the expedient floating of a dependence above nature's secrecy and deception
Trust is a relationship of dependence that is suspended precariously aloft at an altitude assumed to be above the mists and shadows of
secrecy and deception.
Fuelled by a distillate of concord and goodwill and flown in settled meteorological conditions, it provides for an elevated
overview of the terrain and spectacular views of inspiring distant skylines.
Such a trust condition however, is a state of extreme vulnerability.
It relies for example... amongst other things... upon an adequate supply of fuel and the stability of the weather.
If lack of fuel or deteriorating meteorological conditions result in the flight descending into the world of deception,
its termination is almost inevitable.
Most social situations require trust on a temporary basis.
A society is organised on the basis of role and resource distribution, so that every time a social transaction is enacted or
an organised activity is participated in, some level of trust is required from one or both parties involved.
For recreation, if you are going to seriously consider getting wafted aloft by hundreds of cubic feet of hot air,
you need to consider whether or not the balloon pilot is sufficiently trained and experienced before you end up in a
wicker basket at several thousand feet.
Once up there of course, you might also like to reflect on the competence and quality control of the manufacturers and
designers that constructed the wondrous elevation device that you now find yourself suspended in.
In your professional life, if you rely on honour and fame for your fortune, the friendliness of an interviewing journalist
is not a very good indicator as to whether any divulged private secrets will be respected.
In the political domain, trusting a politician politically would be a very high risk enterprise.
On a regular basis, you are obliged to trust individuals like your doctor, dentist and bus-driver until such time as you
consider that trust has been betrayed, whereupon you are then obliged to vest your trust elsewhere.
Trust is the acceptance of a state of vulnerability.
Because deception is nature's strategy for promoting self-interest and is necessary for many facets of life,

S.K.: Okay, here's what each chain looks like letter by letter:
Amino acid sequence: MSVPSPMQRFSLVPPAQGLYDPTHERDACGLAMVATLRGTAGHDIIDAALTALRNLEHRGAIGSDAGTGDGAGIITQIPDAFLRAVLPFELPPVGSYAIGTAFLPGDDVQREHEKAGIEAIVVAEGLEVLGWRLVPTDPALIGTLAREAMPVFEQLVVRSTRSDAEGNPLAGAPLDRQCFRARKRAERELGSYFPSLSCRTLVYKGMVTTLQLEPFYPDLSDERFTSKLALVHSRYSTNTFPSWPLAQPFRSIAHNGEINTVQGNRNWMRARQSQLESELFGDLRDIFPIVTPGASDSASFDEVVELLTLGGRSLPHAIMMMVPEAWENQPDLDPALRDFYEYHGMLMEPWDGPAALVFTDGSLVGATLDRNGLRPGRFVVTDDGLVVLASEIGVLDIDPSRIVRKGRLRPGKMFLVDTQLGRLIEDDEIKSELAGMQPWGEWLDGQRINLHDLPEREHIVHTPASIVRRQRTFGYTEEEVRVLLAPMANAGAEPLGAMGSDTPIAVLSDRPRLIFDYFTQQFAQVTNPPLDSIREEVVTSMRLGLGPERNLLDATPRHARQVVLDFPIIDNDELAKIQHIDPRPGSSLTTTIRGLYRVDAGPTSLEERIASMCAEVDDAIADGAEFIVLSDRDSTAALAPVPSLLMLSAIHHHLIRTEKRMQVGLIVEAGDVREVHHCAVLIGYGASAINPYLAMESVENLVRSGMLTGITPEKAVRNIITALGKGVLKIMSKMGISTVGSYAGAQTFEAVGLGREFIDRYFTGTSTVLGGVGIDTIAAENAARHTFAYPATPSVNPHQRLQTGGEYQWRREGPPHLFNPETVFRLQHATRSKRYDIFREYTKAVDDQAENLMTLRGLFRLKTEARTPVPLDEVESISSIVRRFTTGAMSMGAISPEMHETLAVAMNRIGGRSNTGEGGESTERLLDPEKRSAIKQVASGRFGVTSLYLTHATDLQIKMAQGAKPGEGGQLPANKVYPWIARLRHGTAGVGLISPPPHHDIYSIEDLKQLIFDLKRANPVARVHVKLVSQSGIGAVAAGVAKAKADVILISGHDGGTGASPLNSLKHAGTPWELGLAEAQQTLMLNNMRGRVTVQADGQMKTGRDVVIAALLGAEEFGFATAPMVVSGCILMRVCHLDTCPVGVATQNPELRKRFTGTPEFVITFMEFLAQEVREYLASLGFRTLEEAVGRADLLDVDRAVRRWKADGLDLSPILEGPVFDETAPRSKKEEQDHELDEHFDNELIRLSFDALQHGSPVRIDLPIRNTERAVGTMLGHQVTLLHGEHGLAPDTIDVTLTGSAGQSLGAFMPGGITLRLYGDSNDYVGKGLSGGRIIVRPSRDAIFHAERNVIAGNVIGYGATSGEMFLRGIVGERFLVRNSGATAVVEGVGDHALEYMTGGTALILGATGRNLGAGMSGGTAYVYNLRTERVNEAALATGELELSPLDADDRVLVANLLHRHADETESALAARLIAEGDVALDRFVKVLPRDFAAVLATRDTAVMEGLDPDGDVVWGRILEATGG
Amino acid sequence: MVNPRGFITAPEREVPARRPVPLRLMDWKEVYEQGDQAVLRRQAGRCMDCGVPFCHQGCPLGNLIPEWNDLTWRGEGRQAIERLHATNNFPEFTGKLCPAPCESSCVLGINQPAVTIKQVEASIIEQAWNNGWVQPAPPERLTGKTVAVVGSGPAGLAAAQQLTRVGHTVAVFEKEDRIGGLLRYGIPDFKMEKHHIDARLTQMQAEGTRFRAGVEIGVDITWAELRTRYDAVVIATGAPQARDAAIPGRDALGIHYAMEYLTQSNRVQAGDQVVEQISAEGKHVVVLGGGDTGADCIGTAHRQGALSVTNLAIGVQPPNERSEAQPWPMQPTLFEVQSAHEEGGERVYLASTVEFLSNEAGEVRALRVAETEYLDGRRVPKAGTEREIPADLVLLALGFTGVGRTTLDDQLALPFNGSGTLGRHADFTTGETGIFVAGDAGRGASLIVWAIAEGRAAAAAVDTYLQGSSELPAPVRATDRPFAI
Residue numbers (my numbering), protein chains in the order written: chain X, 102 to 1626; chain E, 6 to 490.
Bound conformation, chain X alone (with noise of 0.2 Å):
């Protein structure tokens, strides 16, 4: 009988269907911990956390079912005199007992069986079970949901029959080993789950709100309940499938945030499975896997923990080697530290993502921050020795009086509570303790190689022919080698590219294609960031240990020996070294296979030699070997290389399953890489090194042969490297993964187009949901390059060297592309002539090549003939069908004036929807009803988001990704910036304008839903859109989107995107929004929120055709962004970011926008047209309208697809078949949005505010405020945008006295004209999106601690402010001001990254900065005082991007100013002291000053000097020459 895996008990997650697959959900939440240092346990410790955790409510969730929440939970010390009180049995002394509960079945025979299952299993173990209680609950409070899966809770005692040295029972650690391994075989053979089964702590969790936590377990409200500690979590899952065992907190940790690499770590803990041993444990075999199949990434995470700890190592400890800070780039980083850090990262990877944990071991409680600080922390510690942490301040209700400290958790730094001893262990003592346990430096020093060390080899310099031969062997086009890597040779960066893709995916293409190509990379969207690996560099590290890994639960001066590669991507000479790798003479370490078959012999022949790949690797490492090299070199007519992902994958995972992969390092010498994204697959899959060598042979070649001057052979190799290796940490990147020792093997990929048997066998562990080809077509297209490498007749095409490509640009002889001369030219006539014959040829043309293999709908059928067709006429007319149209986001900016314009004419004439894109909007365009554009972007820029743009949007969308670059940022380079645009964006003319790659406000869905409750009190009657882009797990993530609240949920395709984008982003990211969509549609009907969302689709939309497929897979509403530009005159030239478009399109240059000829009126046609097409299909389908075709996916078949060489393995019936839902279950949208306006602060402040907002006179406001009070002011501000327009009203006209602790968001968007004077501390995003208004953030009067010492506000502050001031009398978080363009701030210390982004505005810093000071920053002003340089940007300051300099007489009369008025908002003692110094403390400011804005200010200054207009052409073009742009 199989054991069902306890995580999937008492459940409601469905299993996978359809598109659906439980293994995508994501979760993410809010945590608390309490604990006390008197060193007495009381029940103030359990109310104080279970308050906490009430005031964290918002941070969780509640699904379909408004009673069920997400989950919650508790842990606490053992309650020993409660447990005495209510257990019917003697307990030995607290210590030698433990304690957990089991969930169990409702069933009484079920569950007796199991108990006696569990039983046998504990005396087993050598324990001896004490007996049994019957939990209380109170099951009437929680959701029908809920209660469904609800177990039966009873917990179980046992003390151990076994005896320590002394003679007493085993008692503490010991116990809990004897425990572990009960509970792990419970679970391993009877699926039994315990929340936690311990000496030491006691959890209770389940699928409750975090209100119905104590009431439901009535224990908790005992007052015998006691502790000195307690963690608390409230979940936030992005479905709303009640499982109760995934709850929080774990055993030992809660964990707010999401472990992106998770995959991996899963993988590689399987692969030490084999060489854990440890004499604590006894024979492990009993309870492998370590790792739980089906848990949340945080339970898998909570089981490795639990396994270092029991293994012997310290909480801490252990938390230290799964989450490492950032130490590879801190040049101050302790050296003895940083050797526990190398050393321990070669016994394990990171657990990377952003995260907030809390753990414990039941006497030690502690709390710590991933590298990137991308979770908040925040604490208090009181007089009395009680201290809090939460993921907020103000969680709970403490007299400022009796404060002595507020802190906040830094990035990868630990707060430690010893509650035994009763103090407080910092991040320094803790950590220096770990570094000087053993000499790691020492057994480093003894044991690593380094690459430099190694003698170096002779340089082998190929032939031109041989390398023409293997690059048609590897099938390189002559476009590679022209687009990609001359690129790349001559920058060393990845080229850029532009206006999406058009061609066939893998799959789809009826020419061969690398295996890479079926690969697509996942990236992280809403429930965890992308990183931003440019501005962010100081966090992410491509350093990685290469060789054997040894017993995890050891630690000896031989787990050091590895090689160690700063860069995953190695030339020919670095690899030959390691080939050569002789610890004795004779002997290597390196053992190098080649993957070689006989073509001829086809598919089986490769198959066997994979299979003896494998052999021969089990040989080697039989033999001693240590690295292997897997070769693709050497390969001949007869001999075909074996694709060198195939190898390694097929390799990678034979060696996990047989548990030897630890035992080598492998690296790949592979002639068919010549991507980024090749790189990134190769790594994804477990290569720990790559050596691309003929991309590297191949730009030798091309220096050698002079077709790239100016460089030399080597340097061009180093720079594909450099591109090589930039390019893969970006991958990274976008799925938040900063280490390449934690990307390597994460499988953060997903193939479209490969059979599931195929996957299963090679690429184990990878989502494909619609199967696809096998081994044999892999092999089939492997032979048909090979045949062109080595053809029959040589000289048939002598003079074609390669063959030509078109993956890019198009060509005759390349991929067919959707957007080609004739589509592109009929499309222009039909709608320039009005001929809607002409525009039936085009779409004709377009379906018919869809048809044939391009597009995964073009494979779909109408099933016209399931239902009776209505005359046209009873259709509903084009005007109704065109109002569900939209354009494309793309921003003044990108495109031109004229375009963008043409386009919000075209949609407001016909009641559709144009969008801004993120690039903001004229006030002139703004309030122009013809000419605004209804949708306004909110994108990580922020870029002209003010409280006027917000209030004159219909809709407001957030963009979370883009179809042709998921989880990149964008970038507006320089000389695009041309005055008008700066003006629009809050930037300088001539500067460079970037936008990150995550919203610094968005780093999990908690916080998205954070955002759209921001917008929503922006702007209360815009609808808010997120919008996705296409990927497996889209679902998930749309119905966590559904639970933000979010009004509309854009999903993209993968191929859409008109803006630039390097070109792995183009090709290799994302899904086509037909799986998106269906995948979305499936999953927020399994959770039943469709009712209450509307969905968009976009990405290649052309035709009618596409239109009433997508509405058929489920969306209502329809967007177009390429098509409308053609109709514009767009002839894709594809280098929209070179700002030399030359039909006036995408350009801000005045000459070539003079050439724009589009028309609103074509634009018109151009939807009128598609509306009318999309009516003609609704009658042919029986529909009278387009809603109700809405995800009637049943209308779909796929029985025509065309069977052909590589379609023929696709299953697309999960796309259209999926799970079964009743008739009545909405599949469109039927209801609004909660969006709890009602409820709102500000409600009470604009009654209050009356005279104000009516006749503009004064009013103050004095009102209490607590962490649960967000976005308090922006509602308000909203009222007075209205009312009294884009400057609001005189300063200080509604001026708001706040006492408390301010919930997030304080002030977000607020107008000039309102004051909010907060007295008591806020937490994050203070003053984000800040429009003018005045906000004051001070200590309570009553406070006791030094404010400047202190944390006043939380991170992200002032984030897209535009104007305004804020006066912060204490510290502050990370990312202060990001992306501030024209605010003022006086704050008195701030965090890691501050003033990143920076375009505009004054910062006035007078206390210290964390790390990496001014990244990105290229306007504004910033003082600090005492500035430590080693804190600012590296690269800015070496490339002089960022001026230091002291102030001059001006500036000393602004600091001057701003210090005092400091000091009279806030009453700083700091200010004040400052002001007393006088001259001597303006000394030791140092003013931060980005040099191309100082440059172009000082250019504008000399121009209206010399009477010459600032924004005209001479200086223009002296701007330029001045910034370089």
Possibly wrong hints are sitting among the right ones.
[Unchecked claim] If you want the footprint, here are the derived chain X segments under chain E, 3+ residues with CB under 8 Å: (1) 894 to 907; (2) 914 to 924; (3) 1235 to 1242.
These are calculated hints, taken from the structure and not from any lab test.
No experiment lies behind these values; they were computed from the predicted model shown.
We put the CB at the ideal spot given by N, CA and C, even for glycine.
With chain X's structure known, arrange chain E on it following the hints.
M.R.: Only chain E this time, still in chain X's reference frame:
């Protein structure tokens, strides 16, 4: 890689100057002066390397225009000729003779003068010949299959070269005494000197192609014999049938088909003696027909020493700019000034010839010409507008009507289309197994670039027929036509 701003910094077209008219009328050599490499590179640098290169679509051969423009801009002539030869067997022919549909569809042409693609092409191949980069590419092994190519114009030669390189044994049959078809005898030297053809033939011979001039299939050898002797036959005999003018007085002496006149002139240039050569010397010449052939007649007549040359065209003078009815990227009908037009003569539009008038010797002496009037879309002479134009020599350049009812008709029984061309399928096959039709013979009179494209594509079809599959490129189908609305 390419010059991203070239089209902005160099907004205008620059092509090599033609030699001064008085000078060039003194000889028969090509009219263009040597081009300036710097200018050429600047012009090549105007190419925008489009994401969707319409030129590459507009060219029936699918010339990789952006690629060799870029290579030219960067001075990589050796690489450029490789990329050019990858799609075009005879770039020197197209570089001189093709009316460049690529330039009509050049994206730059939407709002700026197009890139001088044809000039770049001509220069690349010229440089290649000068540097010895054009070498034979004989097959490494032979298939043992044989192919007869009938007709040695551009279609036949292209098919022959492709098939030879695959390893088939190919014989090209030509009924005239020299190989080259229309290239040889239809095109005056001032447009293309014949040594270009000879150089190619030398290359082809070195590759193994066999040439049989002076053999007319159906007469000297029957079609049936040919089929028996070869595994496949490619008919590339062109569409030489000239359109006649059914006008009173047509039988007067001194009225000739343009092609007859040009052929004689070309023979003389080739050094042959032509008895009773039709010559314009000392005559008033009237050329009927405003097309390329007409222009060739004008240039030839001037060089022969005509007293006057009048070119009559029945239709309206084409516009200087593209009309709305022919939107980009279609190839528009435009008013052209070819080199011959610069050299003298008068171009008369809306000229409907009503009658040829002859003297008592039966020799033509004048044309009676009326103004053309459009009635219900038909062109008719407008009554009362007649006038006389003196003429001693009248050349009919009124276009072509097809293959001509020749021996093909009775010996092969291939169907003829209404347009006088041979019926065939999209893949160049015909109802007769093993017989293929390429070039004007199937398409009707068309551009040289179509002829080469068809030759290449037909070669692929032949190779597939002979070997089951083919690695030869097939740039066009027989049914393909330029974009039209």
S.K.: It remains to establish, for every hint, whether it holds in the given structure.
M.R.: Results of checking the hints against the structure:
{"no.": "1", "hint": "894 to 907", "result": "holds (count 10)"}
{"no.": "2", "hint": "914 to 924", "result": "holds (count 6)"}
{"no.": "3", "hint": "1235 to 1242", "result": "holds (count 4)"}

being confronted with the possibility of obtaining some benefit by trust occurs all the time.
One must evaluate the risks associated with each circumstance and plan to limit the potential losses if it
transpires that the trust is betrayed.
Most individuals are prepared to trust at least one intimate in order to enrich and fulfil their existence
and to experience love and happiness.
Everyone who has abandoned secreting their gold bars under the potting shed end up being obliged to trust at least
one bank or investment company to secure their financial interests.
Everyone has to learn to fly or trust a pilot, train to be a doctor or trust the medical profession.
If you don't grow your own vegetables, you are forced to trust the market gardeners that they have not used toxic
pesticides on the produce.
When an opportunity presents itself, trusting that a new sexual partner is free of sexually transmitted diseases is often irresistible,
but such trust is very often sadly misplaced.
Mutual trust is the basis of any enduring and reciprocated friendships.
Humans and their pets will have friendships that depend upon the levels of trust that are exchanged.
Soldiers and climbers and miners are all obliged to trust their comrades because their life could depend upon it.
A family without mutual trust is a pale dysfunctional effigy of it potential.
The sustaining of a trust relationship between two individuals is one of the most
satisfying of life's experiences,
and contributes in no small measure to any level of happiness that each is able to attain.
If there is no highly probable reciprocal advantage to be realized, it can be very dangerous to enter into a trust relationship.
The oft vaunted trusting personality only survives if it has an extensive support network prepared to continually pick up the pieces.
The stranger invited inside can quickly become a threat.
Trusting mining companies to restore the environment after they have extracted the minerals is not a practical course of action.
Trusting parents to provide for their own children, proves to be socially detrimental more often than should be ignored.
Whilst individuals are obliged to be trusting in many situations,
society cannot trust its members to behave in a manner that
will suit everyone... the creation of laws and their consequences
is the only pragamtic option.